Although there is very little health benefits in corn, it is the main ingredient in almost all food in the US. It's used in additives, and High Fructose Corn Syrup has replaced sugar as a sweetener because it is not only sweeter, but also a lot cheaper.

Unfortunately this is very unhealthy, as it raises blood sugar levels much faster and your body converts it to fat faster than any other type of sugar.

In the US 86% of all corn grown is genetically modified—32% is converted into ethanol, 18% is for food additives and 50% is grown to feed animals that will later be served as meat.

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Some awesome lists!

Walt Disney actually used to produce pin-up drawings for soldiers.


When you think of Disney, you probably think of magical parks or animated movies. Maybe you even think of them as the second largest broadcasting and cable company in the world.

Perhaps it would surprise you to know that they used to produce pin-ups for soldiers in World War II!

These pin-ups were in ‘The Mousetrap Disney In-House Magazine for Employees In The Service.'

The magazine was done for Disney staffers serving in the military, "to let you know what's going on at the studio."

It was definitely meant for insiders as it notes, "All references herein to characters, persons, and even places living or dead are purely malicious."

There’s actually a directory of some of the servicemen that this went out to. This is fairly insightful, as there were a few surprising names on there.

For example, George Baker ("Sad Sack"), Hank Ketcham ("Dennis the Menace"), and the longtime Tarzan artist Jesse Marsh all received copies. Only 500 of these were ever made, so they are pretty rare.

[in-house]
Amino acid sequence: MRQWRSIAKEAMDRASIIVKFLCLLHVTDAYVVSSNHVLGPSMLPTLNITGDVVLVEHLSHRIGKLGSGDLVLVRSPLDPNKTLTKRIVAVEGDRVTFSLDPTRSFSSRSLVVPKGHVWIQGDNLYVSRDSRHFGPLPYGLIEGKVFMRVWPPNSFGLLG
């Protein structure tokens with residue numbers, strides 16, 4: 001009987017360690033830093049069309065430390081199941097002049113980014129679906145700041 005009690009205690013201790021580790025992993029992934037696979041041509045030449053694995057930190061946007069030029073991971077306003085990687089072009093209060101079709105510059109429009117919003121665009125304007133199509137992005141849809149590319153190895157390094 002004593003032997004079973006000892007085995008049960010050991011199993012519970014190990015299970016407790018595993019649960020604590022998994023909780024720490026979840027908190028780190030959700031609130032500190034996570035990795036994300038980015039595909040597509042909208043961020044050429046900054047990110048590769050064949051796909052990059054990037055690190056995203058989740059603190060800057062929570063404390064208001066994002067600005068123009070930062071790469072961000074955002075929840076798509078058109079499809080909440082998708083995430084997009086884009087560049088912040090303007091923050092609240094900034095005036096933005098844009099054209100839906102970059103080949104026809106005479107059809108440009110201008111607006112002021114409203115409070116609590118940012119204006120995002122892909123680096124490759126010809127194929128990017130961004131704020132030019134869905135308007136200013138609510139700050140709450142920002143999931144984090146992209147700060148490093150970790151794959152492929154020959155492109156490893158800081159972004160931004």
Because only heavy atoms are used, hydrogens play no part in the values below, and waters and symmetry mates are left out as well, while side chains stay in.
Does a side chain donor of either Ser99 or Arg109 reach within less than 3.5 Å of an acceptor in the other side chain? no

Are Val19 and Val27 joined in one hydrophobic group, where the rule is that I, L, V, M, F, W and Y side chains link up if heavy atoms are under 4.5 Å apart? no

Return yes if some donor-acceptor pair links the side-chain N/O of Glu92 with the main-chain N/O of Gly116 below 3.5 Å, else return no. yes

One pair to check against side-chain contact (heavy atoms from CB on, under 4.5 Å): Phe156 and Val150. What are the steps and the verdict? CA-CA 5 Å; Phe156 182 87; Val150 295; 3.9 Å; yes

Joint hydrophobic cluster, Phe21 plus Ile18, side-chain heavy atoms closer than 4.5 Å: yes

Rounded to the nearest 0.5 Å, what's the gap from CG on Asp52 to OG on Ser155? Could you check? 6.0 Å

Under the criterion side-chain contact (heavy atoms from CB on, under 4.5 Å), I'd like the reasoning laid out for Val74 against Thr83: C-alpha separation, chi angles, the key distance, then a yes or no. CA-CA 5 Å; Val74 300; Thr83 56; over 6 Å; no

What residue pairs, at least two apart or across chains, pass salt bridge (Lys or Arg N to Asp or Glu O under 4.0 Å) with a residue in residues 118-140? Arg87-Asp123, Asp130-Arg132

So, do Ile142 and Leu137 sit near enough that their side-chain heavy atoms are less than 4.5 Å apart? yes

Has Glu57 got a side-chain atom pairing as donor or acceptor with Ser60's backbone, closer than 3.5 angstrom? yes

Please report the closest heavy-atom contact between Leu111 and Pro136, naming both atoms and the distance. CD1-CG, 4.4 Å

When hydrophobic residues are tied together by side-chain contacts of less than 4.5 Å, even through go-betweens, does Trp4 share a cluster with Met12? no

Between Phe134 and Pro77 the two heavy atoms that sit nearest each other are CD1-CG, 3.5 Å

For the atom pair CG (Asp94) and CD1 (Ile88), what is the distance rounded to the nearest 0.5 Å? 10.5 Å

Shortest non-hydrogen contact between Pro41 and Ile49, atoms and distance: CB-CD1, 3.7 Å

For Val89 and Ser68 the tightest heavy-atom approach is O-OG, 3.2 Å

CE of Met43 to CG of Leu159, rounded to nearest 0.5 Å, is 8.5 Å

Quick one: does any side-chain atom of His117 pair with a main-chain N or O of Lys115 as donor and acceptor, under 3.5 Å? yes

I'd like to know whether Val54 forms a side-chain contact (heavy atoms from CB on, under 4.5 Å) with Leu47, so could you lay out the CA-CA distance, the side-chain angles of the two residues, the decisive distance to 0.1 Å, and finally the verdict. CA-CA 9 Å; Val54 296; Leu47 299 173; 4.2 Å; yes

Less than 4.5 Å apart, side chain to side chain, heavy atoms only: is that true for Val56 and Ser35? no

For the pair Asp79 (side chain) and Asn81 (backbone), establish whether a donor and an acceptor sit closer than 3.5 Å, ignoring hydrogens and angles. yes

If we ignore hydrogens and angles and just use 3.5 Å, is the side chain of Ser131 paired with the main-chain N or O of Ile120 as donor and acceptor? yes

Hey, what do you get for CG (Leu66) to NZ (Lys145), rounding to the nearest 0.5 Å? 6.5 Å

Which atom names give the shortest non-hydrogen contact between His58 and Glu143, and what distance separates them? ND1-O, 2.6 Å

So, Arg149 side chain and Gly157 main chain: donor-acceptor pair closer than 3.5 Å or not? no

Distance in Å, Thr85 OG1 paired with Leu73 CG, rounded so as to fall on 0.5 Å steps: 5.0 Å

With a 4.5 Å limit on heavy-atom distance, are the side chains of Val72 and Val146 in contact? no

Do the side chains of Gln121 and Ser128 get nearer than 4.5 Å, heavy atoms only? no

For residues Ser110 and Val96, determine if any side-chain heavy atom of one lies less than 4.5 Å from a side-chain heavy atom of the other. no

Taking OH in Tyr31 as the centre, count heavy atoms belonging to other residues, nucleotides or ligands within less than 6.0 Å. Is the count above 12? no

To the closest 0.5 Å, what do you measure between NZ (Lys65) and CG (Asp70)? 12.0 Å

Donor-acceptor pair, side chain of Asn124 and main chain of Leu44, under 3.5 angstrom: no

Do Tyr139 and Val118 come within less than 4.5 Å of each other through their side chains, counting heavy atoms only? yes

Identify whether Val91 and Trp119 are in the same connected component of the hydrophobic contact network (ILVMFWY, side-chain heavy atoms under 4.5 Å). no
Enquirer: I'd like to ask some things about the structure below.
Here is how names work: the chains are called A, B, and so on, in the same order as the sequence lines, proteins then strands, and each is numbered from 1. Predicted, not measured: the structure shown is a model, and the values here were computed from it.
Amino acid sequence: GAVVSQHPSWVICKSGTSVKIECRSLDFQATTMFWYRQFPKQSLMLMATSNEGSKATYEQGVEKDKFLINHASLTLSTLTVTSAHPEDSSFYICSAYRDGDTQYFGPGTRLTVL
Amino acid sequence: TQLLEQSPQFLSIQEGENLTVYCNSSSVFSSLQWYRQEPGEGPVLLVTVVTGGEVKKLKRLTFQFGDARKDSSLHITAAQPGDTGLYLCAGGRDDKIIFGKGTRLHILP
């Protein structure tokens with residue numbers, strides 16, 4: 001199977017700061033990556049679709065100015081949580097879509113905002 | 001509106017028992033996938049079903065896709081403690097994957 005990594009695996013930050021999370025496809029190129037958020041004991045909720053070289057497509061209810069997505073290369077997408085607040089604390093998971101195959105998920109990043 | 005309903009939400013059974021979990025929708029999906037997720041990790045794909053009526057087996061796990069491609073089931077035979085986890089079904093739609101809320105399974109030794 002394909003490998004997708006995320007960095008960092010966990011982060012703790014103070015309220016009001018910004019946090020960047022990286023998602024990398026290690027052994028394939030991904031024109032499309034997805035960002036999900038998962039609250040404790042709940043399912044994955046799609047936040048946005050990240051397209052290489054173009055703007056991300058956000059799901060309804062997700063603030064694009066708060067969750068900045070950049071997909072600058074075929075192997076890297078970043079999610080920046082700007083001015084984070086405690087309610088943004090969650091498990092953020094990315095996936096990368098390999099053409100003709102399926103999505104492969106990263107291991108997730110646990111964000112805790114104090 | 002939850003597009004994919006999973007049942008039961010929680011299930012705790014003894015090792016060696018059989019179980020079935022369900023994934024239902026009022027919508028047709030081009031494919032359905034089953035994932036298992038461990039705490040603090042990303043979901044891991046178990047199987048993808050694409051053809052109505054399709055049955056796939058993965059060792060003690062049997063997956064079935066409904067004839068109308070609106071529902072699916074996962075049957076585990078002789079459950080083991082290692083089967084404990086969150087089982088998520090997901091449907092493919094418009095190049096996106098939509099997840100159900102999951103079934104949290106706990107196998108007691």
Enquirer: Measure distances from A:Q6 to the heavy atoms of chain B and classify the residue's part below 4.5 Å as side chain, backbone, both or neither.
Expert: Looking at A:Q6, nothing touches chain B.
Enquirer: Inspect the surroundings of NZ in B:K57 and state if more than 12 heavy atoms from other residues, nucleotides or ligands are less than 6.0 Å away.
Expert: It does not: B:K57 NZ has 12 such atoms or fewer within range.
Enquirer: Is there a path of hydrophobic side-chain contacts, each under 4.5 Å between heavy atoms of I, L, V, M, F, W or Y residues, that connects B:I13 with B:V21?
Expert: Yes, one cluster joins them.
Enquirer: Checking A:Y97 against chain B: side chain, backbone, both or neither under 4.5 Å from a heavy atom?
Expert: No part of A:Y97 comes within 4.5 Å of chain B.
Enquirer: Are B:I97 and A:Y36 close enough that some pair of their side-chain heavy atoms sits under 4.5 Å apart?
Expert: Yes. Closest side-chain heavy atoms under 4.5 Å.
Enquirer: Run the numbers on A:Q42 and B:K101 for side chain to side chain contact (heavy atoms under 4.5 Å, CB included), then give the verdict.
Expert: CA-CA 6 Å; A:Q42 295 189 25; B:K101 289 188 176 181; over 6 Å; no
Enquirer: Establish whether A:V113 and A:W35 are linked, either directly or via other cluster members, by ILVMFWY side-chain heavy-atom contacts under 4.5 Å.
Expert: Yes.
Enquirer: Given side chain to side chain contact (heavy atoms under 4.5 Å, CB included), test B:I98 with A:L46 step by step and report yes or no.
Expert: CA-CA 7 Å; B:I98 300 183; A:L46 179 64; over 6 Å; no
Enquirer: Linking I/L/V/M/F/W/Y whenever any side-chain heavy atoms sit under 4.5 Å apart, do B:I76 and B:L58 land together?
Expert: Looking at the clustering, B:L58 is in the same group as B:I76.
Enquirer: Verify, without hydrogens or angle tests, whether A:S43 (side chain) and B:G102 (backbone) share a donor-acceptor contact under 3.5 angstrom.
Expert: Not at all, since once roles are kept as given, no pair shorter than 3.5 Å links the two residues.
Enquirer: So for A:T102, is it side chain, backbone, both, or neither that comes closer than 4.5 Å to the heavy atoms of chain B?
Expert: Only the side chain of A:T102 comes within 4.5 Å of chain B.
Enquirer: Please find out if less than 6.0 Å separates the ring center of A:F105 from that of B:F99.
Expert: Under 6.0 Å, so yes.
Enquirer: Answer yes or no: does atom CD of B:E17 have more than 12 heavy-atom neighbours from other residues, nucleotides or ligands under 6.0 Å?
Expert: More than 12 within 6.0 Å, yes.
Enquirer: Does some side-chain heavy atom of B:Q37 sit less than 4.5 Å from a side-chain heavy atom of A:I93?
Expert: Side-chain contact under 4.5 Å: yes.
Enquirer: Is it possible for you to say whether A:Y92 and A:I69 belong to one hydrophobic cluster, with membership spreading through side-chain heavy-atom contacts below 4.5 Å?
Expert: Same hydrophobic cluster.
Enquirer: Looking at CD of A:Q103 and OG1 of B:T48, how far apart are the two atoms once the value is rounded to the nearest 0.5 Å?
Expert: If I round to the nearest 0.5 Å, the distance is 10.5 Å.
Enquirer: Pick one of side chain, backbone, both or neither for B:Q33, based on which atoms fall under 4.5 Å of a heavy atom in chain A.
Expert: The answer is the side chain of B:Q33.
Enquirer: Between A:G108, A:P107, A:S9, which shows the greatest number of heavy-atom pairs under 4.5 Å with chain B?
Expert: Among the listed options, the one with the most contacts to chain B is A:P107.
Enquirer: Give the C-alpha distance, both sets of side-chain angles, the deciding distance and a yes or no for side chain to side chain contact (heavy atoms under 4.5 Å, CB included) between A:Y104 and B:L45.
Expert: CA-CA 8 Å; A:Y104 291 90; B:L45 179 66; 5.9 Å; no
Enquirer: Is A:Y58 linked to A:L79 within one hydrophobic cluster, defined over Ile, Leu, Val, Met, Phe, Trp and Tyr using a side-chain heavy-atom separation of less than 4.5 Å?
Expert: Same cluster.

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There are still 3 coded messages from WWII that haven't been decrypted yet, but we are still working on them!


Over the years codes have become increasingly more complex and difficult to crack. It was the birth of computers that mandated the increase in difficulty when creating codes because traditional codes could be broken within minutes once entered into a computer.

During World War II, codes were an important aspect of war for communication and both sides made huge efforts to create the best system and crack the opposing sides information to save the lives of their soldiers. Strangely there were three German codes that the Allied forces were unable to crack during the war and have so intrigued code enthusiast that they are still being studied today!

The codes date back to 1942 and were created by various German encryption techniques. Today, massive computer data bases are searching for what these codes meant, and two have actually been deciphered fairly accurately since new technology was used in 1995. Both were coordinates for German U-boat attacks on British forces, which, if cracked on time, could have saved important lives. The last is yet to be translated, even with supercomputers.

They are so difficult to crack because they were created with plugboards, which swapped pairs of letters during the encoding process and greatly increased the number of possible encryptions. Also, some of the letters are believed to be missing making it even more difficult to decipher the last code!